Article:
Jim Rice was one of the most feared hitters in American League history, who over a stretch of four consecutive seasons, beginning in 1976, placed first or second in slugging percentage, and first in total bases three times, and third once.
After 14 years of disappointment, the one-time Boston left fielder had his day in the sun along with Rickey Henderson and the late Joe Gordon last Sunday in Cooperstown, New York, as they were inducted into the Baseball Hall of Fame.
This was Rice’s final year of eligibility to be selected by the Baseball Writers Association of America.
“It doesn’t matter that the call came 15 years later,’’ Rice said. “What matters is that I got it.”
Rice was always direct with the sometimes cranky New England press, and some felt he had a chip on his shoulder, unlike media-darling Fred Lynn, who scooped up the AL Most Valuable Player and Rookie of the Year honors in 1975 over Rice.
“It’s hard to comprehend. I am in awe to be in this elite company and humbled to be accepting this honor,’’ Rice said. “I cannot think of anywhere I’d rather be than to be right here, right now, with you and you,’’ as he pointed to the more than 50 Hall of Famers sitting behind him on the stage.
Some said this slight caused the first-round pick to commence his rocky relationship with the Boston writers.
“The media often asked me about my players (teammates),’’ said Rice, who eclipsed 100 runs batted in eight times, and produced 200 hits three straight seasons. “I refused to be the media’s mouthpiece. I came to Boston to play professional baseball, and that’s what I did. And I did it well.”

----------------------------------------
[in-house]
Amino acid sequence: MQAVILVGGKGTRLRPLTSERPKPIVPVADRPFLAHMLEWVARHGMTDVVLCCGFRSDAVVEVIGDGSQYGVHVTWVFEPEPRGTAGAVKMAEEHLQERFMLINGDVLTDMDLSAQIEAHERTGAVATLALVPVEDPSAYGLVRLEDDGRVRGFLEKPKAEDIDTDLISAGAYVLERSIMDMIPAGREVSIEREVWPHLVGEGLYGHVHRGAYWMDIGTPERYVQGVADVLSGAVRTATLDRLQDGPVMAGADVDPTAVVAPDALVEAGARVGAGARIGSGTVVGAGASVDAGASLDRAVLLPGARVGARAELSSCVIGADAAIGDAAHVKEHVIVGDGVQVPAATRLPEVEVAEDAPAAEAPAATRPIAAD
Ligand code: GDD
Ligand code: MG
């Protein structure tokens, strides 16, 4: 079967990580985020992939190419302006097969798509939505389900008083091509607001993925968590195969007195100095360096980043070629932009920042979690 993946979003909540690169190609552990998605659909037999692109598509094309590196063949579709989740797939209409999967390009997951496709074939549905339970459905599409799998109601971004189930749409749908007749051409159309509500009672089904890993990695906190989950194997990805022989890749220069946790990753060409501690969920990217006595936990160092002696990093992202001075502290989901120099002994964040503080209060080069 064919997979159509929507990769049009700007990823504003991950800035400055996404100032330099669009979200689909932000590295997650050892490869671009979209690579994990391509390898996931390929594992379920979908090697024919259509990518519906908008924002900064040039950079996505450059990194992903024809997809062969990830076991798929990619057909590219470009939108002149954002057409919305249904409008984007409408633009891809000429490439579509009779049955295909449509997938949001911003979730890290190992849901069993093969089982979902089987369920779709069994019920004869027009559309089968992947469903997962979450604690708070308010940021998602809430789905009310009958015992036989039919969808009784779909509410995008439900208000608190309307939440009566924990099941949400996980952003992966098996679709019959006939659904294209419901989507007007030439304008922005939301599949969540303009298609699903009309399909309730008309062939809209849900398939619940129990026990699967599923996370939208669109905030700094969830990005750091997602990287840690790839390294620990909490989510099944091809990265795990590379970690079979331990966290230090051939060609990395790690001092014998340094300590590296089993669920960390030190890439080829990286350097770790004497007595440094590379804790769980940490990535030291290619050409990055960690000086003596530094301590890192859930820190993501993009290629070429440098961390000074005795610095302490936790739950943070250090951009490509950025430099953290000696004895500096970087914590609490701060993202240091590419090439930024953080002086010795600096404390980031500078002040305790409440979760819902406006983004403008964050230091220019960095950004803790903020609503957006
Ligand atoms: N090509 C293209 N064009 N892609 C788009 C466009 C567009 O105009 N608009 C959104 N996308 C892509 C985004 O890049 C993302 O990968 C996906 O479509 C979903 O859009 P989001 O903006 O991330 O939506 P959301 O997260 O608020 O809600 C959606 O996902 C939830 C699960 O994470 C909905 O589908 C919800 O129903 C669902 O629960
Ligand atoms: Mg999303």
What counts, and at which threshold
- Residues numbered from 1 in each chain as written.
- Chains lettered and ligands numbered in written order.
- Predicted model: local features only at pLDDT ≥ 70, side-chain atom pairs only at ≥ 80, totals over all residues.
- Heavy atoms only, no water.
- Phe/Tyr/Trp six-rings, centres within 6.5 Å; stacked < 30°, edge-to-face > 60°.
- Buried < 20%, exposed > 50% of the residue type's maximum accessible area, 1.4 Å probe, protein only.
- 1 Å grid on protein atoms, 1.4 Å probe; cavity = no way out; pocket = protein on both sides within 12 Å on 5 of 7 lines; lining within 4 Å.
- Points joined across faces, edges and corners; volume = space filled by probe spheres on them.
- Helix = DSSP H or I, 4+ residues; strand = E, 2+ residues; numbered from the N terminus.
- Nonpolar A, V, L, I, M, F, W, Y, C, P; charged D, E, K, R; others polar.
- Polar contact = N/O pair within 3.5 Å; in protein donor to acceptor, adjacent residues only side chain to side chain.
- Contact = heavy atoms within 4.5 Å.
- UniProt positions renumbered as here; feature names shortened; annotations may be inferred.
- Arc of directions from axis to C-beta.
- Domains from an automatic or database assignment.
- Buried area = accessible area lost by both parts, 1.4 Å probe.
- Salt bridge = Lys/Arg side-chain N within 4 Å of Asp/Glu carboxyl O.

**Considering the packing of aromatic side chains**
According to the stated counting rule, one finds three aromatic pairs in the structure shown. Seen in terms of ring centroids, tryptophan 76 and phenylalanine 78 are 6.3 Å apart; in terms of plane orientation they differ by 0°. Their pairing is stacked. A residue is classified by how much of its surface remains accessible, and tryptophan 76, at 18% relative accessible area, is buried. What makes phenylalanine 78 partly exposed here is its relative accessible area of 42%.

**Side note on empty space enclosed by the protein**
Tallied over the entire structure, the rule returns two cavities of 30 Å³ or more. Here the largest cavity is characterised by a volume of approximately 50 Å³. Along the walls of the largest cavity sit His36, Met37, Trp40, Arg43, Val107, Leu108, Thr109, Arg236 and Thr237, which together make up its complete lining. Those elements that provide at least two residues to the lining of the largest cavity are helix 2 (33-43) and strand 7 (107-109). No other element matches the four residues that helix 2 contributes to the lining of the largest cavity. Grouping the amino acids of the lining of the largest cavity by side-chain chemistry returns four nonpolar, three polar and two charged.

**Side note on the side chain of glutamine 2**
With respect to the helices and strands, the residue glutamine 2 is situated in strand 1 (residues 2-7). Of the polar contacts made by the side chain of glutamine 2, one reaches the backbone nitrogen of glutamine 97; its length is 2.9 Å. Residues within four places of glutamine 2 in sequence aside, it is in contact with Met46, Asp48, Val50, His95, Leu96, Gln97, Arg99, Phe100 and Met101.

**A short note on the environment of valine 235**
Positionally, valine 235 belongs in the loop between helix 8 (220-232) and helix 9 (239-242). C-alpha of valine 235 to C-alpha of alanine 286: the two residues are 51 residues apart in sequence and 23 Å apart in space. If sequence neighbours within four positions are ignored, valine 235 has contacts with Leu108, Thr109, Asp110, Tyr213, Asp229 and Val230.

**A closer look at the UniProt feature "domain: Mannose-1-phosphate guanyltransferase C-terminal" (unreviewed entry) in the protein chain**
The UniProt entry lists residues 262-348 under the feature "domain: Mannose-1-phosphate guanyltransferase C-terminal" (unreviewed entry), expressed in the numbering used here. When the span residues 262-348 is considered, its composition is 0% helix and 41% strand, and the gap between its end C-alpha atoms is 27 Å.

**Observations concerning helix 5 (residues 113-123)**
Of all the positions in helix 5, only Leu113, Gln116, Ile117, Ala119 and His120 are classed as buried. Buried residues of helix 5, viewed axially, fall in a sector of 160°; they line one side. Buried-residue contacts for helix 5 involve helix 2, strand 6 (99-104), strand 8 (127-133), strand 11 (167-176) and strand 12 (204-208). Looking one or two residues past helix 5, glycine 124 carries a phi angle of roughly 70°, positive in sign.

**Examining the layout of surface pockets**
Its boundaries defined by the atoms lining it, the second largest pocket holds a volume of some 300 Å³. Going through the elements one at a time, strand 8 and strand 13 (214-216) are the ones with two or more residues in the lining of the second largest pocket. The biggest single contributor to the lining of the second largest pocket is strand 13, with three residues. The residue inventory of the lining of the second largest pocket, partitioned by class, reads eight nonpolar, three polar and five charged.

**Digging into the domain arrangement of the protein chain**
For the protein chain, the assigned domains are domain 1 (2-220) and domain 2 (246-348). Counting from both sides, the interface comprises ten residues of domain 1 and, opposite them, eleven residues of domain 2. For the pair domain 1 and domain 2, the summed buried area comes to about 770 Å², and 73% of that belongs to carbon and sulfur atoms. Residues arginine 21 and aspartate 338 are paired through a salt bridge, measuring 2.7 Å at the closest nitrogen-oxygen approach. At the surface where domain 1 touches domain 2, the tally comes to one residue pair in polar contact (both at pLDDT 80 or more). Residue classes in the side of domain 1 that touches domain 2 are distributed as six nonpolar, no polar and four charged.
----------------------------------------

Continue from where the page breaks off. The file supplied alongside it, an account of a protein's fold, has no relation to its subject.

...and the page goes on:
Rice did everything superbly in 1975, ending with a .309 batting average, 102 RBIs, 22 home runs, and 92 runs scored.
The Red Sox advanced to the World Series, fell in seven memorable games to the Cincinnati Reds, and did so without Rice, who broke his wrist late in the regular season.
Current Red Sox General Manager Theo Epstein was an avid fan of Rice, who retired during the 1989 season.
“He was a slugger,’’ Epstein said. “He had incredible power. He was one of the most feared guys throughout his whole career. His career was a prime. He wasn’t out there looking to draw a walk, but he did some serious damage. Especially what he did earlier in his career.”
Rice’s 1978 season is the stuff of legend, and earned him an AL MVP award. That year, Rice hammered 46 homers, with 139 RBIs, a .600 slugging percentage, 213 hits, 121 runs scored, and a .315 batting average, but the Red Sox and eventual World Series champs New York Yankees tied for first in the AL East. The Yanks won a one-game playoff, but Rice had to settle for being the best player in the Junior Circuit.
Rice got his chance to appear in a World Series when Boston lost again in seven games, this time to the New York Mets in 1986, where he batted .333 with a .455 on-base percentage.
Rice finished with 382 homers, 1,451 RBIs, a .502 slugging percentage, and a .298 career batting average. Yet all of this pales in comparison to Sunday.
Rick Assad has been a sportswriter for more than two decades. He has a political science degree from UCLA, a journalism degree from CSUN, and is a staff writer for diamondboxing.com, and is a contributor to trufanboxing.com. You may e-mail him at firstname.lastname@example.org.